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Trump Can not Make a North Korea Deal on His Own



A much-touted two-day summit between Donald Trump and North Korean Leader Kim Jong-Un has come to the finish line Thursday, as Trump returns to Washington, DC. It's unclear exactly what unraveled the process; Trump says "The Yongbyon Nuclear Scientific Research Complex, North Korea reportedly But throwing around blame for it Hanoi misses the point:

The United States and North Korea should not pursue negotiations over the Hermit Kingdom's nuclear disposition. They absolutely should, and will continue, by Trump's departing remarks. "Chairman Kim and myself, we want to do the right deal," Trump said. "Speed ​​is not important." The Trump and Kim should not be the ones to do the deal, at least not the bulk of it.

Former ambassador Robert Gallucci

Trump has built his brand as a master negotiator, despite being uneven results in the political realm. And in fairness, his gambit to meet with Kim in Singapore. Importantly, North Korea has not tested a ballistic missile or nuclear weapon in over a year. And its relationship with South Korea, while still tense, has somewhat thawed.

"These are positive steps, and show that the North Koreans are at least willing to have negotiations, and engage in diplomacy with South Korea and the United States, Says James McKeon, a policy analyst at the Center for Arms Control and Non-proliferation, a DC-based nonprofit.

But in the months since Singapore, North Korea has offered little to no evidence of curtailing its weapons programs. And why would they? Despite Trump's declaration last June that "there is no longer a Nuclear Threat from North Korea," the Singapore Accord just affirmed that "the DPRK commits to work towards complete denuclearization." They'll get to it, eventually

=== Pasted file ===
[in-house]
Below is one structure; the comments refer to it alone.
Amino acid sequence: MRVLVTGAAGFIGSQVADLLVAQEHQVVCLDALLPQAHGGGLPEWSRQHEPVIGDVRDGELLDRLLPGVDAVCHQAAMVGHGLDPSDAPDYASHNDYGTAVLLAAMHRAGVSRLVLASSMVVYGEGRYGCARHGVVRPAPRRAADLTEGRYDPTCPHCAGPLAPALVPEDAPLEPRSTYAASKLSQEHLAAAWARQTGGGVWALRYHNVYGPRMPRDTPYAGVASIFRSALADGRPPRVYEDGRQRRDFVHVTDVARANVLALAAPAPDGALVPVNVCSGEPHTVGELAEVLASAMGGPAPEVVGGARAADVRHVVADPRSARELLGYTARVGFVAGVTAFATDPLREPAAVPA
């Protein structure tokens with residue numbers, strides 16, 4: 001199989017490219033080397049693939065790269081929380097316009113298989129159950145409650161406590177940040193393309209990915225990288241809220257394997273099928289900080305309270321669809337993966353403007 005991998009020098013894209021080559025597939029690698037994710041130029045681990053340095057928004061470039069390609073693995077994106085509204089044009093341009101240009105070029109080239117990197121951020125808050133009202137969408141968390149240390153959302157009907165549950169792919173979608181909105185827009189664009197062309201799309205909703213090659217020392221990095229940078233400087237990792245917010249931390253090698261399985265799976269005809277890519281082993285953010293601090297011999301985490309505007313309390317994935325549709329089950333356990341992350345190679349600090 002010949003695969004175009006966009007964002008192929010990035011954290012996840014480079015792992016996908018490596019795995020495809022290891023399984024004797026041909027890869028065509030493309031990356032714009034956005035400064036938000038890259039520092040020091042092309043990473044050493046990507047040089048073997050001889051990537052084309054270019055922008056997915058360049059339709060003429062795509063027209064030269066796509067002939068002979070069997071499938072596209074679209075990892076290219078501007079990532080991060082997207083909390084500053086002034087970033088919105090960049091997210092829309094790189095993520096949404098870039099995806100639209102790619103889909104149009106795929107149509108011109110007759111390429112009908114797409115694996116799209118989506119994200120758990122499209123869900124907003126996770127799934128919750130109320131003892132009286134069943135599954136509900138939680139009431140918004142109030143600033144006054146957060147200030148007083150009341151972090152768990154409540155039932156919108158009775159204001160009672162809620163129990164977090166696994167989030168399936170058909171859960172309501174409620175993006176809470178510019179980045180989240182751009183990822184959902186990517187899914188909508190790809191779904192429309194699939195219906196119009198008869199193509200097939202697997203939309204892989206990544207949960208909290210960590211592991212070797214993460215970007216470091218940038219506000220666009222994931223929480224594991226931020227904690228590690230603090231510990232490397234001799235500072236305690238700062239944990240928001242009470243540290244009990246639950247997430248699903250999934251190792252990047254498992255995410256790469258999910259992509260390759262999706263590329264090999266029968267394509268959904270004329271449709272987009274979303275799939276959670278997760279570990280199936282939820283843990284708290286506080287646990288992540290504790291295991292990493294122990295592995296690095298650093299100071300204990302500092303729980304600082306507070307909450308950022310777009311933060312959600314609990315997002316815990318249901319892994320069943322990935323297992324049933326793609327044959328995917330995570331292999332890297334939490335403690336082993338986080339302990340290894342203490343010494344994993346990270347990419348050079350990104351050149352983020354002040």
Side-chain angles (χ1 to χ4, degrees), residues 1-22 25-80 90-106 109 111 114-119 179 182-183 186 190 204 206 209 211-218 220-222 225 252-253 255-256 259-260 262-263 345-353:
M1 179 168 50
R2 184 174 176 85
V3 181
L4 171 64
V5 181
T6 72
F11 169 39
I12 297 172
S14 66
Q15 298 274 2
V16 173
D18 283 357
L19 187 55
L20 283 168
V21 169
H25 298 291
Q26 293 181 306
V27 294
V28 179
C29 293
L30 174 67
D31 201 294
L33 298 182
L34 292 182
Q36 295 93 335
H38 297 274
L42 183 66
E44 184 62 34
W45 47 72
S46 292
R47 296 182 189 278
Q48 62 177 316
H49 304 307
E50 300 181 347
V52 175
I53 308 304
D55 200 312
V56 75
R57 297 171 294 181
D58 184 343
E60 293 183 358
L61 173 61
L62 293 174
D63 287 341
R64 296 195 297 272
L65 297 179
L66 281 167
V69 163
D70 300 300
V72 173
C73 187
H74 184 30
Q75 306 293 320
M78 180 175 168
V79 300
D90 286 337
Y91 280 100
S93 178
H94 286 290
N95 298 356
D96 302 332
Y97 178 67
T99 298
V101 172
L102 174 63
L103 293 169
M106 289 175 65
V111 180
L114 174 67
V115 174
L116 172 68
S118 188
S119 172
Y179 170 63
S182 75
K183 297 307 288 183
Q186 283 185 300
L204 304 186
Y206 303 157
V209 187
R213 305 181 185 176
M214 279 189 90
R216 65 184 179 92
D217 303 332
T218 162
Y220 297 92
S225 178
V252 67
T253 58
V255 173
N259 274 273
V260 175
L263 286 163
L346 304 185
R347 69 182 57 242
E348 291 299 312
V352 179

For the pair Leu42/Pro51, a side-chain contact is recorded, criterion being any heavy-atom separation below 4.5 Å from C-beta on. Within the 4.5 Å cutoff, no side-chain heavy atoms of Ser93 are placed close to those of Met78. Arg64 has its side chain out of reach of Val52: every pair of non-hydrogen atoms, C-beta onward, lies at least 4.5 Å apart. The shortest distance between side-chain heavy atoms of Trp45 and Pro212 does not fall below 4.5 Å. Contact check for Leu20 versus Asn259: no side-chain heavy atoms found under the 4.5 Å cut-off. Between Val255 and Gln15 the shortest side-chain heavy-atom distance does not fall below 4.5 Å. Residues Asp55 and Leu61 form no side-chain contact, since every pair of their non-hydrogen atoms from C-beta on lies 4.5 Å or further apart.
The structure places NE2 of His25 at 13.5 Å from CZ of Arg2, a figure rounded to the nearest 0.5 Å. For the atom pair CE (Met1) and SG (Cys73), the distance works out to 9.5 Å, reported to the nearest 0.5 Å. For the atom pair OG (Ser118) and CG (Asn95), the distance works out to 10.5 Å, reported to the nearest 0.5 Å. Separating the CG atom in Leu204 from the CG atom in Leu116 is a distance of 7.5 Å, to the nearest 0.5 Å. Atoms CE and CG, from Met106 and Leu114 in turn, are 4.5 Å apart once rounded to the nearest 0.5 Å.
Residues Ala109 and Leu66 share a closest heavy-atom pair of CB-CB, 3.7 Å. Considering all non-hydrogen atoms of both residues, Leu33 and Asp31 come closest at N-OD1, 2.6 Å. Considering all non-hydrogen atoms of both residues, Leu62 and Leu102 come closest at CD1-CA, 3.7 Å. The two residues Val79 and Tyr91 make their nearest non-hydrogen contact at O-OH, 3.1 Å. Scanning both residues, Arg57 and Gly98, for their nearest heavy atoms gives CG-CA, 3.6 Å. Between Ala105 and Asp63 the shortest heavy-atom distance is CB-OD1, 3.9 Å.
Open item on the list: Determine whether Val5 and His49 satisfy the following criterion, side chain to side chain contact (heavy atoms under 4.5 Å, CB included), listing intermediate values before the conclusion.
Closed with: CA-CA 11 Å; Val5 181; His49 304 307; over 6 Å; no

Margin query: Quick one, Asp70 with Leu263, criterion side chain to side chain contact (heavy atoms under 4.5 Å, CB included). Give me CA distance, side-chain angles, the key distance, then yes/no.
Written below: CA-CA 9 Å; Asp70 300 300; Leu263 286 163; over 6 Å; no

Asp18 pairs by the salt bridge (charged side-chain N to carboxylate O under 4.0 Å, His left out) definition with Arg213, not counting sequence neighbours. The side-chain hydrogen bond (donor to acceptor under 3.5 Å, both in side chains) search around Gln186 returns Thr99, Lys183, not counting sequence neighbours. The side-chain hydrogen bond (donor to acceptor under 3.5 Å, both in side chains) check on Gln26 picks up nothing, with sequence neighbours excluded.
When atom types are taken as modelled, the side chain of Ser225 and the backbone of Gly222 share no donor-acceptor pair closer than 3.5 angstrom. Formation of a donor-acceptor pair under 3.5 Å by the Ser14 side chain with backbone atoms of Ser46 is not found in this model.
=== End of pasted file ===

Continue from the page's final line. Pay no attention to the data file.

Chalk the vague language, and the resulting lacquer of verifiable progress, up to Trump's untraditional diplomacy. "When we were first looking at this Singapore Summit, we were saying that it was back. This is not the way you're supposed to do it, "Robert Gallucci said in a call with reporters. "You do not start with the summit. [Finish]

Gallucci would know; as chief US negotiator, he helped secure the 1994 Agreed Framework, which tamped down North Korea's nuclear ambitions for nearly a decade. And while he acknowledges that between Trump's own rhetoric-that a shotgun summit in Singapore, what's needed, he and others argue that it's not a viable process for Substantive change.

"President Trump's unorthodox approach to diplomacy has been created at opening, starting in Singapore and continuing to Hanoi," says Lynn Rusten, who served as senior director for arms control and non-proliferation in the Obama administration and currently works on nuclear issues at the nonprofit Nuclear Threat Initiative.

Hanoi was anything but. Trump has appointed Stephen Biegun as special envoy to North Korea six months ago, but Biegun has just completed a working-level conversation with North Korean counterparts. Nuclear diplomacy is not American Ninja Warrior . You do not get bonus points for navigating obstacles faster. Says, "Rusten, especially given how enmeshed the nuclear issues are with a broader set of regional economic and security concerns.

Jenny Town, 38 North

"It's a bit surprising that they would play high-stakes poker at such a high-profile event."

That should be especially evident given North Korea's long history of failing to keep its nuclear promises. As much as Trump has touted denuclearization as the endgame, arms control experts are most likely there, no way to get there overnight, or in a single sit-down. What does he or she want to do? "Detailing a two-hour meeting between two heads of state.

And while Thursday's failure could have been worse-Trump could have said, "I have not had any luck" missile testing-it extracts a real cost.

"It's somewhat surprising that they would play high-stakes poker at such a high-profile Event, says Jenny Town, Northwest North American watchdog 38 North.

Maintaining the status quo is preferable to more nuclear testing, but it's not a viable long-term solution. "While they are good, North Korea is continuing to cheat out material and produce weapons," says Rusten.

It's admirable that Trump has made the North Korea a top priority. The relative calm of the past eight months should not be dismissed. But if the White House wants to make an actual progress, it needs to be put to work before the next high-profile meeting. That's one concession trump, so far, seems to be unwilling to make.


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